Monteleone: between Rite and Myth

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Palaces and Monuments

Moriconi Palace and Porta Vecchia

Typology: mansion and city gate
Chronology: XIV-XV and XIII century
The late Medieval Moriconi Palace (with the coat of arms on the facade) is located close to the first wall of the town and occupies the next walls of the thirteenth century, near Porta Vecchia or Porta di Sant’Agnese (thirteenth century passage partially transformed in the modern age to allow the passage of the vehicles).
Il tardomedievale Palazzo Moriconi sorge a ridosso della prima cinta muraria cittadina e utilizza le successive mura di fase duecentesca, in prossimità di Porta Vecchia (detta anche di Sant’Agnese, in ricordo dell’antico monastero soppiantato agli inizi del XIV secolo da quello di Santa Caterina), che si presenta oggi tozza e priva dell’originaria sopraelevazione, nonché parzialmente trasformata per consentire il passaggio dei veicoli.
Sul prospetto del caseggiato è lo stemma della famiglia Moriconi (tre monti dai quali sorge un bastone con un crescente lunare sulla punta; in basso una ruota o macina a otto raggi). La facciata ha purtroppo parzialmente perduto la sua armonia a causa dell’apertura posticcia di nuove porte e finestre, nonché per l’alterazione di quelle originali.
Più a monte di Porta Vecchia è un’abitazione con chiave di volta del portale decorata a rilievo e nicchia contenente un rovinato dipinto della Madonna con il Bambino di XVIII secolo.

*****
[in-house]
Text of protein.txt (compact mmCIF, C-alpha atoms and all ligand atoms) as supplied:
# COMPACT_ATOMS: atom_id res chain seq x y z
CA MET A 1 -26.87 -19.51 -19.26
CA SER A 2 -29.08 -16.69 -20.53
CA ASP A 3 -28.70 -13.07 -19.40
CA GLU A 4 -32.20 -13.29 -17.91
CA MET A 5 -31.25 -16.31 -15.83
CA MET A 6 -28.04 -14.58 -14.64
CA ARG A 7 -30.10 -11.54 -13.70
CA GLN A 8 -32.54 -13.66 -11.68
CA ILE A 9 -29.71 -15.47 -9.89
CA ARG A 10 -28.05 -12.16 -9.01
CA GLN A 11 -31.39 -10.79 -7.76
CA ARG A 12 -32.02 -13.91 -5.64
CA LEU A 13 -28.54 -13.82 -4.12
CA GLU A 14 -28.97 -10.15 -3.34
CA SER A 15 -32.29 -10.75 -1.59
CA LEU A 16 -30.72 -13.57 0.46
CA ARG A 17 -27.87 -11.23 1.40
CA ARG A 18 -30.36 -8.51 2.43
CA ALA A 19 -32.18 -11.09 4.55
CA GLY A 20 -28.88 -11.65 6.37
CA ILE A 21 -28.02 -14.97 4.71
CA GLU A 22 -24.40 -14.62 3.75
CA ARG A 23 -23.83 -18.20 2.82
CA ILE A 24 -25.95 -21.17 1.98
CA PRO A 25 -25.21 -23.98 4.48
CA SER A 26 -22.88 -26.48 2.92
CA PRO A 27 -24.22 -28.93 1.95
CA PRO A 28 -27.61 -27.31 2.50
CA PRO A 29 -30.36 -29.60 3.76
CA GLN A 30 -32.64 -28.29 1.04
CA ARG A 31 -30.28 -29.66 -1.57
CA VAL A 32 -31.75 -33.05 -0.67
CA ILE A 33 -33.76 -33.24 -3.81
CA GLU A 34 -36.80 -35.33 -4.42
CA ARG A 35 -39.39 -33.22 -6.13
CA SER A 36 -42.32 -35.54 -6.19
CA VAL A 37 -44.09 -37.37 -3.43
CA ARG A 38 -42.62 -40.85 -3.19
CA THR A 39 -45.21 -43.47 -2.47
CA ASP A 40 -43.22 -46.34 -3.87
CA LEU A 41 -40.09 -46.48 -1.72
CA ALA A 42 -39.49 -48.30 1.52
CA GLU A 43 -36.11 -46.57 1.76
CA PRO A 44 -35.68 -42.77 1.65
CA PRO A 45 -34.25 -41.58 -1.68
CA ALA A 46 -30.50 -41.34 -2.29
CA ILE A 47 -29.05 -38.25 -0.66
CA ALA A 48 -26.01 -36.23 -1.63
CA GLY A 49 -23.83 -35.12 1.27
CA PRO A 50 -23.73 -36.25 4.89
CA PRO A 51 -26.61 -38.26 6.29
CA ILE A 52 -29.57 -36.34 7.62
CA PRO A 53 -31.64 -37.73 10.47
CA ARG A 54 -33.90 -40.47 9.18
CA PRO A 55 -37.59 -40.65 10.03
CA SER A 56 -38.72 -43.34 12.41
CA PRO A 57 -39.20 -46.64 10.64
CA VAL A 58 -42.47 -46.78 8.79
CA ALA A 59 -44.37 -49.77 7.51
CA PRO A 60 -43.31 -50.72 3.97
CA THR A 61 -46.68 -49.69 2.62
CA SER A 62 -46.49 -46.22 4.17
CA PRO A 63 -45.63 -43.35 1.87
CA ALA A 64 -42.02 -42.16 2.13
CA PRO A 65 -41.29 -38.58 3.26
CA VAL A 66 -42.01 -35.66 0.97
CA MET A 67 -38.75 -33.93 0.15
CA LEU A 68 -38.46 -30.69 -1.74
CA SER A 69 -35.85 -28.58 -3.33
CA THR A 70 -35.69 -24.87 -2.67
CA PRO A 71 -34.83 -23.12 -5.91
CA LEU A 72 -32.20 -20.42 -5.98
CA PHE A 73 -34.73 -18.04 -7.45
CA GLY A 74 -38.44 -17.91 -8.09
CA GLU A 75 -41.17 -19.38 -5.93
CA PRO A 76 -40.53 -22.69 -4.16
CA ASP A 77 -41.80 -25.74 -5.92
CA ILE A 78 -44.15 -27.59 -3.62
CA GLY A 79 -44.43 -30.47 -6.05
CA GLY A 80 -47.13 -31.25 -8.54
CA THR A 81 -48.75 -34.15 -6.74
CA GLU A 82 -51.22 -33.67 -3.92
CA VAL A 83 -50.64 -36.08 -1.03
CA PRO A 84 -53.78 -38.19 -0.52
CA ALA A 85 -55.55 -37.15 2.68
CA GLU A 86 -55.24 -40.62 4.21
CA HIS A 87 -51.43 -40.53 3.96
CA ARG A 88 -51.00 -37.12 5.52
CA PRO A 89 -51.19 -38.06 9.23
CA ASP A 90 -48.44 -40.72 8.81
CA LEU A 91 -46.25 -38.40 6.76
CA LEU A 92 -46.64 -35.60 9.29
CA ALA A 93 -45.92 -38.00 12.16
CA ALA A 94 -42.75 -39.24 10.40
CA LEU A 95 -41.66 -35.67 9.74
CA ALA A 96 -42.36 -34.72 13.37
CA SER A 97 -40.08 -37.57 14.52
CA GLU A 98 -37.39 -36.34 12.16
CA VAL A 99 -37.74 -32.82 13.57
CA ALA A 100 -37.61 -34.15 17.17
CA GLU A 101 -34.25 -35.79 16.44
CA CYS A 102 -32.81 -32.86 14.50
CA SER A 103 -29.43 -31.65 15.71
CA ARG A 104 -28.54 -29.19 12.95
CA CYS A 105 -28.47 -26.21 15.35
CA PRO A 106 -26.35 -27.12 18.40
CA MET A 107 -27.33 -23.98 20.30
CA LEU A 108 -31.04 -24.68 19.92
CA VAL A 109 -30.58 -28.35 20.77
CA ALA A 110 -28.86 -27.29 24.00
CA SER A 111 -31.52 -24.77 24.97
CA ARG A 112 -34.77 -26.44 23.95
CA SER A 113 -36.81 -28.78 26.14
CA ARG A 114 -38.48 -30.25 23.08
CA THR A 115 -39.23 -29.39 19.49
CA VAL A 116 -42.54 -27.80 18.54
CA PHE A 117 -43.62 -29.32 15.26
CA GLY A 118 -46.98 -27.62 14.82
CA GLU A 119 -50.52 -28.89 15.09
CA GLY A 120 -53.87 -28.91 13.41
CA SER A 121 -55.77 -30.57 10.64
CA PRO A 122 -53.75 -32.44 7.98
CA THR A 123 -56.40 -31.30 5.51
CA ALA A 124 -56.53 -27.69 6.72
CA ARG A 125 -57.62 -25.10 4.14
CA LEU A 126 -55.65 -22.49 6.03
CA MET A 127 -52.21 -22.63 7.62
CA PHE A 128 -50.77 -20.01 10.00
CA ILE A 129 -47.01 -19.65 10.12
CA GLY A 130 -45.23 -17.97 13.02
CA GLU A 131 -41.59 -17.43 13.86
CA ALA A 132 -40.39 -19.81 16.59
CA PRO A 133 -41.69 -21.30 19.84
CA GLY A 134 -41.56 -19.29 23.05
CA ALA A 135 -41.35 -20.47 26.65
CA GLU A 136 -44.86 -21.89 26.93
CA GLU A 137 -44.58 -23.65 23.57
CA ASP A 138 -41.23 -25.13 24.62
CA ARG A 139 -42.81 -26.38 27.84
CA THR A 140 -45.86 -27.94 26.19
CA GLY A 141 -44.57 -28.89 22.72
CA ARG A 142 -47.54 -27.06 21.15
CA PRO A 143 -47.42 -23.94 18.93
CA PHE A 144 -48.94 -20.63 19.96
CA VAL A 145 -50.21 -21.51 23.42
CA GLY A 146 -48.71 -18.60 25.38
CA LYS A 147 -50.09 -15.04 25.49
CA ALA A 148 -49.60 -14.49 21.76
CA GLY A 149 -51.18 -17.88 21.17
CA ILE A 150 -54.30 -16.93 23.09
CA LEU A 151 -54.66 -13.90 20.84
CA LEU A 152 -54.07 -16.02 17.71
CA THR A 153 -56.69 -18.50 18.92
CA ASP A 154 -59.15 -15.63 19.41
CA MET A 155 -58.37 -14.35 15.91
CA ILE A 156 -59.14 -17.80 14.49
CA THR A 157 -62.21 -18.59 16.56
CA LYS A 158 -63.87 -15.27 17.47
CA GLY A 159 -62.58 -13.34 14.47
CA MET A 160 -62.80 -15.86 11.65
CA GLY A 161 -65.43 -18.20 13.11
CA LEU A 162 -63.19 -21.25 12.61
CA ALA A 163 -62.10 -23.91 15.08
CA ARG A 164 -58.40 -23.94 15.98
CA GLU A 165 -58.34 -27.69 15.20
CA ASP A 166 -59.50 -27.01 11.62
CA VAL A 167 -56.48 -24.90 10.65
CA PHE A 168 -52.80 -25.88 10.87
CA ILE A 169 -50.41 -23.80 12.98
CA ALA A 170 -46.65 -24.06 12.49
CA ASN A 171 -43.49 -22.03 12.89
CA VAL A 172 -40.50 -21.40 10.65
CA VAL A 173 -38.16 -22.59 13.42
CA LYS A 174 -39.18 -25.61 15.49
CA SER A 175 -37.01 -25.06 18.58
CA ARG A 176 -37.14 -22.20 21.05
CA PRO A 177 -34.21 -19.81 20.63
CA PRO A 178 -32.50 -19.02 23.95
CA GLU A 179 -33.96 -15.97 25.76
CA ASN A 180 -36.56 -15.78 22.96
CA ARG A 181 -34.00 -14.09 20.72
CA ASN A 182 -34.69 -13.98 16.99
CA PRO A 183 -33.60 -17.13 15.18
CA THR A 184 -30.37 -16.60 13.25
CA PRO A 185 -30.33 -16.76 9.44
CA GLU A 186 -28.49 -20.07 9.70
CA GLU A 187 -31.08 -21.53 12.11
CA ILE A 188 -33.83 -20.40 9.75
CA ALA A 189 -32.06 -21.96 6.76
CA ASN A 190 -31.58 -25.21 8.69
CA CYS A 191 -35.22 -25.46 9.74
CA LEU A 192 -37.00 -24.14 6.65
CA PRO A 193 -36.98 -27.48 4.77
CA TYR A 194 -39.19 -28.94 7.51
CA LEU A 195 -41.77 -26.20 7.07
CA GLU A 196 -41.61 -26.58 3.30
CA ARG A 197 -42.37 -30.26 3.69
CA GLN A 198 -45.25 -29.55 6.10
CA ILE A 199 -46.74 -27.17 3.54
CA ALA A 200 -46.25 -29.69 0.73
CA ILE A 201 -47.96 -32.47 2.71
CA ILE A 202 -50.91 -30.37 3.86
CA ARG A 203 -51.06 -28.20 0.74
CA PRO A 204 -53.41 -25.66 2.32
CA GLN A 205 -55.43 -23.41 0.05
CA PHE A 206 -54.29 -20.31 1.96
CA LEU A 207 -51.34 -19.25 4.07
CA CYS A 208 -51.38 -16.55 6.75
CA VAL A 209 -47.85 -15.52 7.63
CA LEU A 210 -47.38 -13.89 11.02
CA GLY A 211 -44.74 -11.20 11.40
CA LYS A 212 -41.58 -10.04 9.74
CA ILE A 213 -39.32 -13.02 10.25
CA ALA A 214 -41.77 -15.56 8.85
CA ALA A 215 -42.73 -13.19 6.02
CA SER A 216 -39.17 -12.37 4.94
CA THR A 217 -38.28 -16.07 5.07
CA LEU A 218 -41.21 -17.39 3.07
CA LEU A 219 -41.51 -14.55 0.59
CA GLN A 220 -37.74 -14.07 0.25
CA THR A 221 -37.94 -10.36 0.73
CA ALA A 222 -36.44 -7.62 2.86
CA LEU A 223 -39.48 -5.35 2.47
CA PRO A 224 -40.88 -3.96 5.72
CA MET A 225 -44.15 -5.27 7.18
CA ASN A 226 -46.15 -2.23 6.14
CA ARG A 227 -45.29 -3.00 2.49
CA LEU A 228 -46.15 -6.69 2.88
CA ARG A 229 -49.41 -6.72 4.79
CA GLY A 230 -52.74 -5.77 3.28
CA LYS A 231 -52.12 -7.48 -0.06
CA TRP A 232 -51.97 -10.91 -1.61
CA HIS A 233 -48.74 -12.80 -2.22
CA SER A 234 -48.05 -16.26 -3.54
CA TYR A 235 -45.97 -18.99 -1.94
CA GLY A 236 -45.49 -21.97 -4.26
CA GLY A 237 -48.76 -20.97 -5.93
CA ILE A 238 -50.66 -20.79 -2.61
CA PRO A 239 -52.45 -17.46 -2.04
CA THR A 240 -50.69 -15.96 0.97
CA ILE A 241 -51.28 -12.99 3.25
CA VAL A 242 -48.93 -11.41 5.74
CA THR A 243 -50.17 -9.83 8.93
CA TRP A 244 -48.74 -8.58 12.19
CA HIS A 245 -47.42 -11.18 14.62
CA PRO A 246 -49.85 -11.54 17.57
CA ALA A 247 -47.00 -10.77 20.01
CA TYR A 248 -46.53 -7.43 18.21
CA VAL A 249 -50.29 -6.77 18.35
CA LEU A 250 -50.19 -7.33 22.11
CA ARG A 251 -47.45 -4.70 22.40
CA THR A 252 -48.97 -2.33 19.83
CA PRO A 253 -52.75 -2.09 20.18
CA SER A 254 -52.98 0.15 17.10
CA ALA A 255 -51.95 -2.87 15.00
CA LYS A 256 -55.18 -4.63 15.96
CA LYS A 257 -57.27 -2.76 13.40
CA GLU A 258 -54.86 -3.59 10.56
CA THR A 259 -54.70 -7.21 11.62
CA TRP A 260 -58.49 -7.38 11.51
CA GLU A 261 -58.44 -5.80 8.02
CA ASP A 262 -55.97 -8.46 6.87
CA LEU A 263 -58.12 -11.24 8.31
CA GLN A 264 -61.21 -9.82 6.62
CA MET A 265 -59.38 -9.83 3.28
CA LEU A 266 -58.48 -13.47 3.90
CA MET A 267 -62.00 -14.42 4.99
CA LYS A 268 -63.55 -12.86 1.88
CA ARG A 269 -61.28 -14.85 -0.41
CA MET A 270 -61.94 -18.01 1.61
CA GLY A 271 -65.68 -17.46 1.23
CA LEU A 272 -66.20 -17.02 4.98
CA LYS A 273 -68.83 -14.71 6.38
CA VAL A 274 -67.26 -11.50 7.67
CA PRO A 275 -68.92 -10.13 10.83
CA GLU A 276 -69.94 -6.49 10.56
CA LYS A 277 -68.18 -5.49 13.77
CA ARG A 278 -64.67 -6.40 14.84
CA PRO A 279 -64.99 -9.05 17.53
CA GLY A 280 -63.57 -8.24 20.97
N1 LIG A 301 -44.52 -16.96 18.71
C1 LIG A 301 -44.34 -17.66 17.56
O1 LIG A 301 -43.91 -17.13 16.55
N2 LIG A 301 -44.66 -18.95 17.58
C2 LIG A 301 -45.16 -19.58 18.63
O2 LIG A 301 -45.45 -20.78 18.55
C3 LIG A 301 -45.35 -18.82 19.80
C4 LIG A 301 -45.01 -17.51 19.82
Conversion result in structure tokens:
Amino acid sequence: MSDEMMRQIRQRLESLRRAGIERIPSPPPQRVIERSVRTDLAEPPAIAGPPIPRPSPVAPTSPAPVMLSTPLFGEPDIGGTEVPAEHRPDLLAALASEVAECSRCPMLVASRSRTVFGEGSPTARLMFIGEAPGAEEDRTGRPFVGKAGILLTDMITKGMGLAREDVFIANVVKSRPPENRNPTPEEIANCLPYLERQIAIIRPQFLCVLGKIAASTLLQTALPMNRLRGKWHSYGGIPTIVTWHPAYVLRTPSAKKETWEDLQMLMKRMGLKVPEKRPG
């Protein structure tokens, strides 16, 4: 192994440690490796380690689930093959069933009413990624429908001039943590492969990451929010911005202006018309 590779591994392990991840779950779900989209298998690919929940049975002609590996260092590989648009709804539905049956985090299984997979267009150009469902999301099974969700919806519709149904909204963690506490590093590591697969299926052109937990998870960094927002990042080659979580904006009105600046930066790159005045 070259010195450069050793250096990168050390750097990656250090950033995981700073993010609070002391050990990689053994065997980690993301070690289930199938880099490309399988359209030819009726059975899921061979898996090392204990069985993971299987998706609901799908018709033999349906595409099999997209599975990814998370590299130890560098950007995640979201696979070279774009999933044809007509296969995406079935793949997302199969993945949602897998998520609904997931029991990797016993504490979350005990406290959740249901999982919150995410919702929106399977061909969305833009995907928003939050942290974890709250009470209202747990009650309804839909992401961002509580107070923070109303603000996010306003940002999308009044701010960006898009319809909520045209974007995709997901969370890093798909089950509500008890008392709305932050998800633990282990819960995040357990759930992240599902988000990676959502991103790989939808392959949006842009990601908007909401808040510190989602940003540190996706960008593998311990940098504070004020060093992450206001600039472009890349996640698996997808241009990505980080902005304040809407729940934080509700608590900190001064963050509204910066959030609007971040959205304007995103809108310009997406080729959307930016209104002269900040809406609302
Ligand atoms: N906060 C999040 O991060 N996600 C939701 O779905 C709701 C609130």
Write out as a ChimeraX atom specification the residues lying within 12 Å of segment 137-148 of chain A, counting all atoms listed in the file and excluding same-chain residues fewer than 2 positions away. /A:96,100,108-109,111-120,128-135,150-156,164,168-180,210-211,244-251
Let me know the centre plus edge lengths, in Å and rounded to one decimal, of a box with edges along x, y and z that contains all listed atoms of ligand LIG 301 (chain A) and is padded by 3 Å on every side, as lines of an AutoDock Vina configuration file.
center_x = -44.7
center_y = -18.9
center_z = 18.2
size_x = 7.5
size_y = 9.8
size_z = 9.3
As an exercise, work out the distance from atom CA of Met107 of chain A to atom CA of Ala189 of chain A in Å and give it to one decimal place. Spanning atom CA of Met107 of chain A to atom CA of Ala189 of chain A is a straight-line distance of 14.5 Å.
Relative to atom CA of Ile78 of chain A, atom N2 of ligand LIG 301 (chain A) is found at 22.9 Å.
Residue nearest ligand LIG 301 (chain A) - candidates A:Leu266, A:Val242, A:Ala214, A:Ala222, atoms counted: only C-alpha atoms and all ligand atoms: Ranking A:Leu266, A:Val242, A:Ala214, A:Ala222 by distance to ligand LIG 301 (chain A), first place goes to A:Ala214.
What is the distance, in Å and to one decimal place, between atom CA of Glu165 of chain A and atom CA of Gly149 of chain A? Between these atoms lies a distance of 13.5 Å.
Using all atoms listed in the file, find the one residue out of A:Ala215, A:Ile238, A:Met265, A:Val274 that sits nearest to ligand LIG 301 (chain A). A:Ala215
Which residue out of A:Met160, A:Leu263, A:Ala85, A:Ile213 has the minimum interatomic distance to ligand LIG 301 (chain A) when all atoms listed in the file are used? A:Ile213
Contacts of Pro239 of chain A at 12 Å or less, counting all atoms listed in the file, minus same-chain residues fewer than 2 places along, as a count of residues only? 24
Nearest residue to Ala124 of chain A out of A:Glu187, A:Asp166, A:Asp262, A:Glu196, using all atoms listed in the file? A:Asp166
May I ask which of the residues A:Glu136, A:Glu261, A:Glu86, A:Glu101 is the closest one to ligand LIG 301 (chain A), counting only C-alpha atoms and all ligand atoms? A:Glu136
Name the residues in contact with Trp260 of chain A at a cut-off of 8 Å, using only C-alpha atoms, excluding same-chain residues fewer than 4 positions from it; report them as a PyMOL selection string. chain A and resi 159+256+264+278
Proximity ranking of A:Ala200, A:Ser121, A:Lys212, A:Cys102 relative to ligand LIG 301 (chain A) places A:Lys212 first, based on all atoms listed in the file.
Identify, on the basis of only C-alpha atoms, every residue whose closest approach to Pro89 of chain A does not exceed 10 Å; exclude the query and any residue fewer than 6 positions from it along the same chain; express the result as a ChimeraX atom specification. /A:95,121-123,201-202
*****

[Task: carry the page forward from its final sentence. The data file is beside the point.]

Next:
Further upstream of Porta Vecchia there is a house with a decorated keystone on the portal and a niche containing a ruined painting of the Madonna and the Child of the eighteenth century. Moriconi Palace is located at the end of Via Cesare Battisti, outside the walls of the village and exactly on the second wall of Monteleone di Spoleto, at Porta Vecchia, of the thirteenth century and upstream of the fifteenth Porta Nuova delle Monache and of the houses belonging to the Convent of Santa Caterina. As a result of the expansion of the town and the extension of the wall, in fact, the old walls are no longer used for a defensive purposes and are therefore reused in the construction of new manufactured. Porta Vecchia is today stocky and lacking of original superior part, traces of which remain visible inside and outside, with a low arch (whose double ring above is very irregular) and an irregular architectural facing. The left side, on which stands Moriconi Palace, is in fact a modern and clumsy recovery of the original arch, with a different degree of curvature, adapted for the passage of the vehicles. This gate is also known as Porta di Sant’Agnese, in memory of the ancient monastery, supplanted at the beginning of the fourteenth century by Santa Caterina. On the faade of the building there is the emblem of Moriconi family, with a shield whose shape mimics that of a pennant, particularly widespread in the Umbrian area between the fifteenth and sixteenth centuries; in the center there are three mountains, from which rises a stick with a crescent moon on the tip (a symbol that finds similarities with the cult of the Mesopotamian moon goddess Sin), and down a wheel or a mill with eight rays (solar symbol). The facade of the building, originally plastered and on three levels, has unfortunately lost its harmony partially due to the opening, in modern times, of new doors and windows, as well as the alteration of the original ones with windows and doors, contrasting with the historic nature of the building. The palace take its owner’s name, of whom there are records dating from XIV century, when a Giovannuccio Moriconi founded a second hospital in the church of San Giacomo (with the approval of Bishop Bartolomeo de’ Bardi in 1332), to house the sick poor people. Moriconi family has also among its members: "D. Dominico, D. Antonio applied in Rome in the offices of the Apostolic Dataria around 1600 and many other jurists" (Apostolic Dataria is an office of the Roman Curia, established in XIV century with the name of Dataria de’ Brevi; it has various competences, bringing to the attention of the Pope related issues of benefit and ecclesiastical pensions, prelature clothing and insignia, matrimonial dispensations, requests for grace). In 1650 Giovanna Moricona is the abbess of Santa Caterina. In the early eighteenth century a certain Paolo (who has lived in Rome since decades) is in cause with his family members for a hereditary succession of Fabio Moriconi. A certain Ludovico Moricone is remembered, finally, in 1712 as a devotee and benefactor of the country chapel of the Madonna della Cerqua. Going back to Porta Vecchia, a little further upstream and immediately on the right, there is a house whose beautiful stone portal, with pointed-arch, has a keystone with a rampant lion in relief and a niche with a ruined votive painting, depicting a Madonna and the Child (local work of the eighteenth century).